The Small Business Administration and U.S. Treasury Department on Wednesday rolled out major updates to the Paycheck Protection Program, offering automatic forgiveness for certain independent contractors and creating a broader application form for forgiveness.
Specifically, the updated forms clarify that the “owner compensation” amount automatically forgiven for borrowers who use a 24-week covered period, as opposed to the original eight-week period, is equal to 2.5 times their average monthly net income. This means independent contractors with a 24-week loan can have the full amount automatically forgiven under the new guidelines. The amount of forgiveness for borrowers who choose an eight-week period remains unchanged.
Borrowers who received their PPP loans before June 5 can opt for either an eight- or 24-week period in which to use their loan; borrowers who received their loans after that date must use a 24-week period. The new forgiveness forms reflect a 60% requirement for payroll expenses, down from the original 75%.
Additionally, the agencies created a streamlined “EZ Forgiveness Application” for borrowers who:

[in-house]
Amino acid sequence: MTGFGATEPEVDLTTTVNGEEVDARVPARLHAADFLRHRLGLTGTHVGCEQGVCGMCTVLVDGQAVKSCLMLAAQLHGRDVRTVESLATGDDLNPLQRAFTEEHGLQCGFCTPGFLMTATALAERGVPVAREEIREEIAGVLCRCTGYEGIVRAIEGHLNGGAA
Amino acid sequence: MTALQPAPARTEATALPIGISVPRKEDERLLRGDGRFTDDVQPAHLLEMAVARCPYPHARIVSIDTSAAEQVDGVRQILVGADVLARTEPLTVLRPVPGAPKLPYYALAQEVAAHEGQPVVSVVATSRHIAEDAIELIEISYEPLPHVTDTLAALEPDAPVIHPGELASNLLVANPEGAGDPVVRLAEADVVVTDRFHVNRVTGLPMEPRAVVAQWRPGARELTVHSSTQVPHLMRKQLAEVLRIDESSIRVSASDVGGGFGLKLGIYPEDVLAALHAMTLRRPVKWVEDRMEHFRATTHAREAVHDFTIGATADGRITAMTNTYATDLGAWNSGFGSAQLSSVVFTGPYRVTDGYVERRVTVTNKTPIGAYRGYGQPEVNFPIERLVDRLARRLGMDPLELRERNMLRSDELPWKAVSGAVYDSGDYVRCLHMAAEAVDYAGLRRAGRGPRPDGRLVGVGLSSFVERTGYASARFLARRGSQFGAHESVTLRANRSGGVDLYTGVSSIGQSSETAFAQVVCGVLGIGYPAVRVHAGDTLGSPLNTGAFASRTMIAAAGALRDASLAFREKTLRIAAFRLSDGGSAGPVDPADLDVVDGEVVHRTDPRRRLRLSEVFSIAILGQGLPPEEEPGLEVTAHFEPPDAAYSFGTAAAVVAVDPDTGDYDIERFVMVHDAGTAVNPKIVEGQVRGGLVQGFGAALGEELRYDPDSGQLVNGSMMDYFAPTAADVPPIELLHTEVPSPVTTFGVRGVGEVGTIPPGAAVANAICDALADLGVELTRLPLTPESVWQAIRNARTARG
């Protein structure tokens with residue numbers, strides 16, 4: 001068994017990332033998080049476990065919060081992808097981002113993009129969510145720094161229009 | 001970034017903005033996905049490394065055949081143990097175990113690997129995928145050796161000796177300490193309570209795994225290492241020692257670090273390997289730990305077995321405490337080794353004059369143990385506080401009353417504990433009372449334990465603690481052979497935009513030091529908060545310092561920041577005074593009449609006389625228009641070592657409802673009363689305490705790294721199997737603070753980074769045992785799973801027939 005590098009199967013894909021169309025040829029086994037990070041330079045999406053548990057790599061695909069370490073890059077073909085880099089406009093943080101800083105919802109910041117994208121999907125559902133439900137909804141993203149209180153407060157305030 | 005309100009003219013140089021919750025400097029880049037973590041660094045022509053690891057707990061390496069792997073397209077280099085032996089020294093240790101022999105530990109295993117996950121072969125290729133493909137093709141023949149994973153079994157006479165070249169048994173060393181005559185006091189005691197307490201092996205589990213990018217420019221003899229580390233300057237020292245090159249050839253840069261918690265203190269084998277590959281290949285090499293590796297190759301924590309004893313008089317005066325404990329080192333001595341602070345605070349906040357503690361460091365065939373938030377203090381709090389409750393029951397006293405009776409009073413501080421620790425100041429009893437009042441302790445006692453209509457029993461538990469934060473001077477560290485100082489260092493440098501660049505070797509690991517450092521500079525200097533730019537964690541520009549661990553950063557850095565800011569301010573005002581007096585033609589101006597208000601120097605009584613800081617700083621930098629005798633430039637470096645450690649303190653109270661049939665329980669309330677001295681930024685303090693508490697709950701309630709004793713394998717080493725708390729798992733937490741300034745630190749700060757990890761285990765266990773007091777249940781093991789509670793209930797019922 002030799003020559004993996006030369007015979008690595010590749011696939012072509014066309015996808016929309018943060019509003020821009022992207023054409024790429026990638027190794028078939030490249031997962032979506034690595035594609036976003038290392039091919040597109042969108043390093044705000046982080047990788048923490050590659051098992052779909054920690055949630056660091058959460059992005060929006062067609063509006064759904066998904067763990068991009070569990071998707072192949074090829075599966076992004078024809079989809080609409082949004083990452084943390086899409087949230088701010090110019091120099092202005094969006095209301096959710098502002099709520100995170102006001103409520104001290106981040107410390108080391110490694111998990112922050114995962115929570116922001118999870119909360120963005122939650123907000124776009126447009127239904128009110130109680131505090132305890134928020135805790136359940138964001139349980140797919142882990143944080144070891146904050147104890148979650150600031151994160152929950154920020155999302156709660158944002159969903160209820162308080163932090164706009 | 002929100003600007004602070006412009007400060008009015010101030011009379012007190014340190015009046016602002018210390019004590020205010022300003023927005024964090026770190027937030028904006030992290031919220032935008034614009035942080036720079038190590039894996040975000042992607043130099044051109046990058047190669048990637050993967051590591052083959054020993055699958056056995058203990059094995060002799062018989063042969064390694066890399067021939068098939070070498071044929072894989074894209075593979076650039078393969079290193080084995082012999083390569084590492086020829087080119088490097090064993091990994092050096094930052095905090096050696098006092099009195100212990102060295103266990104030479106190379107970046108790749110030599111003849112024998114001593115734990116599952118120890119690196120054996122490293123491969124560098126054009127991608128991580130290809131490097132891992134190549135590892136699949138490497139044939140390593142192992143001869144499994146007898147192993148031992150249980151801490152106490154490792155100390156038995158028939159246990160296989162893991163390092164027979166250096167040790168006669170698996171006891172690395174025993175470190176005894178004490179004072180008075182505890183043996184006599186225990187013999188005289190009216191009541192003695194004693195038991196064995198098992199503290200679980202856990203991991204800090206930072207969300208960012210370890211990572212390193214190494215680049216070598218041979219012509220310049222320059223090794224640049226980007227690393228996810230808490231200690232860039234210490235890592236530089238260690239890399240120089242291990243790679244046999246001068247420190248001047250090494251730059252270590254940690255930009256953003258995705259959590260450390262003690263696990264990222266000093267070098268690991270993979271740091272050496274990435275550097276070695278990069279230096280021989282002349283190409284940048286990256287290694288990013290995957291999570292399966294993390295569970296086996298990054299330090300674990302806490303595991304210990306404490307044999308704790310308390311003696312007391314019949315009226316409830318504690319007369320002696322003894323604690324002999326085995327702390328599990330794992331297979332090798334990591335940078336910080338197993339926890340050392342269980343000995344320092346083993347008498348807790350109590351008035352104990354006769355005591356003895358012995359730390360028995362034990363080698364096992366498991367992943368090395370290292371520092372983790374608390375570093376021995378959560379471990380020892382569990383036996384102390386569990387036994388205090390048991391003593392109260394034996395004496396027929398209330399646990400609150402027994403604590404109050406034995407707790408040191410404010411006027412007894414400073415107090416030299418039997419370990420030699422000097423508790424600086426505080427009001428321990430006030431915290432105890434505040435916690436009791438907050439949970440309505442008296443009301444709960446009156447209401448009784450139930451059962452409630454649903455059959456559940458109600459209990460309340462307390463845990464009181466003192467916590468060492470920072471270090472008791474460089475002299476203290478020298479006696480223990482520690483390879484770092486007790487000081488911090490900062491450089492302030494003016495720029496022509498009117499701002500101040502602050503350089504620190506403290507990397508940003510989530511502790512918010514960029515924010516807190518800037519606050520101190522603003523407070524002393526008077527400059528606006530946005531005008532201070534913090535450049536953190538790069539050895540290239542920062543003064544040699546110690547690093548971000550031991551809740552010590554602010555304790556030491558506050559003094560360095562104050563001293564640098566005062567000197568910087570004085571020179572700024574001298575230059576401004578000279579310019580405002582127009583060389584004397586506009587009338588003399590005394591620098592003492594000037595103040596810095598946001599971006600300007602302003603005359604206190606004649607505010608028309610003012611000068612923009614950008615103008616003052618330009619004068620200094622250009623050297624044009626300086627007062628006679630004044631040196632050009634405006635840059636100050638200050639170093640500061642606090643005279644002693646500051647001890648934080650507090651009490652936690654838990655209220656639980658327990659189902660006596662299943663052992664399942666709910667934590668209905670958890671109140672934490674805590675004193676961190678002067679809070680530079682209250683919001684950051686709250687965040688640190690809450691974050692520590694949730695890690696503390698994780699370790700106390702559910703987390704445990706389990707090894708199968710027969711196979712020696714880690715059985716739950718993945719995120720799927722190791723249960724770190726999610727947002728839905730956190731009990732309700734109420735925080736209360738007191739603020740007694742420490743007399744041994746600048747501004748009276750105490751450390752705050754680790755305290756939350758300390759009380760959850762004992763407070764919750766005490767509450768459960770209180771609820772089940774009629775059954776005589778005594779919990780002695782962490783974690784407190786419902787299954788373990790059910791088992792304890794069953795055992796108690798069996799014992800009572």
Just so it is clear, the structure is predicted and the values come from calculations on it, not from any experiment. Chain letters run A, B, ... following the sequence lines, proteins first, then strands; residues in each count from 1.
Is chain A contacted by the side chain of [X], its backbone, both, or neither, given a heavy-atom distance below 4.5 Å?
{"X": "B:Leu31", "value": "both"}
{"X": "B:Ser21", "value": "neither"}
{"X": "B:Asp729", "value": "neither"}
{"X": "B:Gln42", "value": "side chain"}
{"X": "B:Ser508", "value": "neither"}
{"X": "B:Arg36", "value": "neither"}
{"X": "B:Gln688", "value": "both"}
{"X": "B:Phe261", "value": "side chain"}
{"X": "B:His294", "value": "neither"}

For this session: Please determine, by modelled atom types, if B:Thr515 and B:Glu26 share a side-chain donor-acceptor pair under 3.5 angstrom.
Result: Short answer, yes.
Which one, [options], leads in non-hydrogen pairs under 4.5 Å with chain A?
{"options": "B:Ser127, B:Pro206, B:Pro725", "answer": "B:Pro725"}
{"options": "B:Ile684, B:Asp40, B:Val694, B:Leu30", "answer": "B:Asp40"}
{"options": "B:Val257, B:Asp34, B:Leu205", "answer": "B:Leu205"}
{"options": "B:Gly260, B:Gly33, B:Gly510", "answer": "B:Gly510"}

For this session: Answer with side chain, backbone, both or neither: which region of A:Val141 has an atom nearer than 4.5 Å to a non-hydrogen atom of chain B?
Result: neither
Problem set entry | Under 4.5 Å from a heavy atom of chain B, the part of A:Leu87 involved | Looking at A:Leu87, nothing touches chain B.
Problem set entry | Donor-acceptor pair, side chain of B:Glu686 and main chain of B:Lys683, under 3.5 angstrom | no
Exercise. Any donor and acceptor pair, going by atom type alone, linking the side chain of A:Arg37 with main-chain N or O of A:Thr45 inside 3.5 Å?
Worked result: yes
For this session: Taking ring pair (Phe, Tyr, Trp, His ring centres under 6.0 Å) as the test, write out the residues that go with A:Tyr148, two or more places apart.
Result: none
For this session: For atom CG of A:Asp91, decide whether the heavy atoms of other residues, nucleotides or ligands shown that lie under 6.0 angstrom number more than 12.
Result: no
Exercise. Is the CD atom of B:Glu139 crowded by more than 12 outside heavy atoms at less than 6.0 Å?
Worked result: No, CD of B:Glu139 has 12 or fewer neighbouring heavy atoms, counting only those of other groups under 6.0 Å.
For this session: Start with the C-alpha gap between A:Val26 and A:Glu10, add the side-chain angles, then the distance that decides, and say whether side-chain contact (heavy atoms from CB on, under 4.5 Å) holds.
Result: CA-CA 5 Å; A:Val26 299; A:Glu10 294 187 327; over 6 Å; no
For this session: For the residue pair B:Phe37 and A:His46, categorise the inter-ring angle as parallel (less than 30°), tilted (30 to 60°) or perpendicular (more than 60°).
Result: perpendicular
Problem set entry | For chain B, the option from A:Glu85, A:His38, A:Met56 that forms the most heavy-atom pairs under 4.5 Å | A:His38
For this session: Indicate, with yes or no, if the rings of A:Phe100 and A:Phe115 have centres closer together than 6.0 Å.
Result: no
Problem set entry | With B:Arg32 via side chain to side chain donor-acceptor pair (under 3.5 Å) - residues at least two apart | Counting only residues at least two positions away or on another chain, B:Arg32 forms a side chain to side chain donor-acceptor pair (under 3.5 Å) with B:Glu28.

- Are self-employed and have no employees; or
- Did not reduce the salaries or wages of their employees by more than 25% and did not reduce the number or hours of their employees; or
- Experienced reductions in business activity as a result of health directives related to COVID-19 and did not reduce the salaries or wages of their employees by more than 25%.
“NAR has been working closely with congressional leaders to loosen forgiveness requirements,” says Shannon McGahn, senior vice president of government affairs for the National Association of REALTORS®. “Small-business owners don’t have the resources to hire lawyers and accountants like large companies, and they shouldn’t be burdened with paperwork and red tape at a time when they’re trying to stay afloat. These new guidelines should go a long way to help.”
The deadline to apply for a PPP loan is June 30. The program still has funding available and will close at the end of the month unless Congress acts to extend it.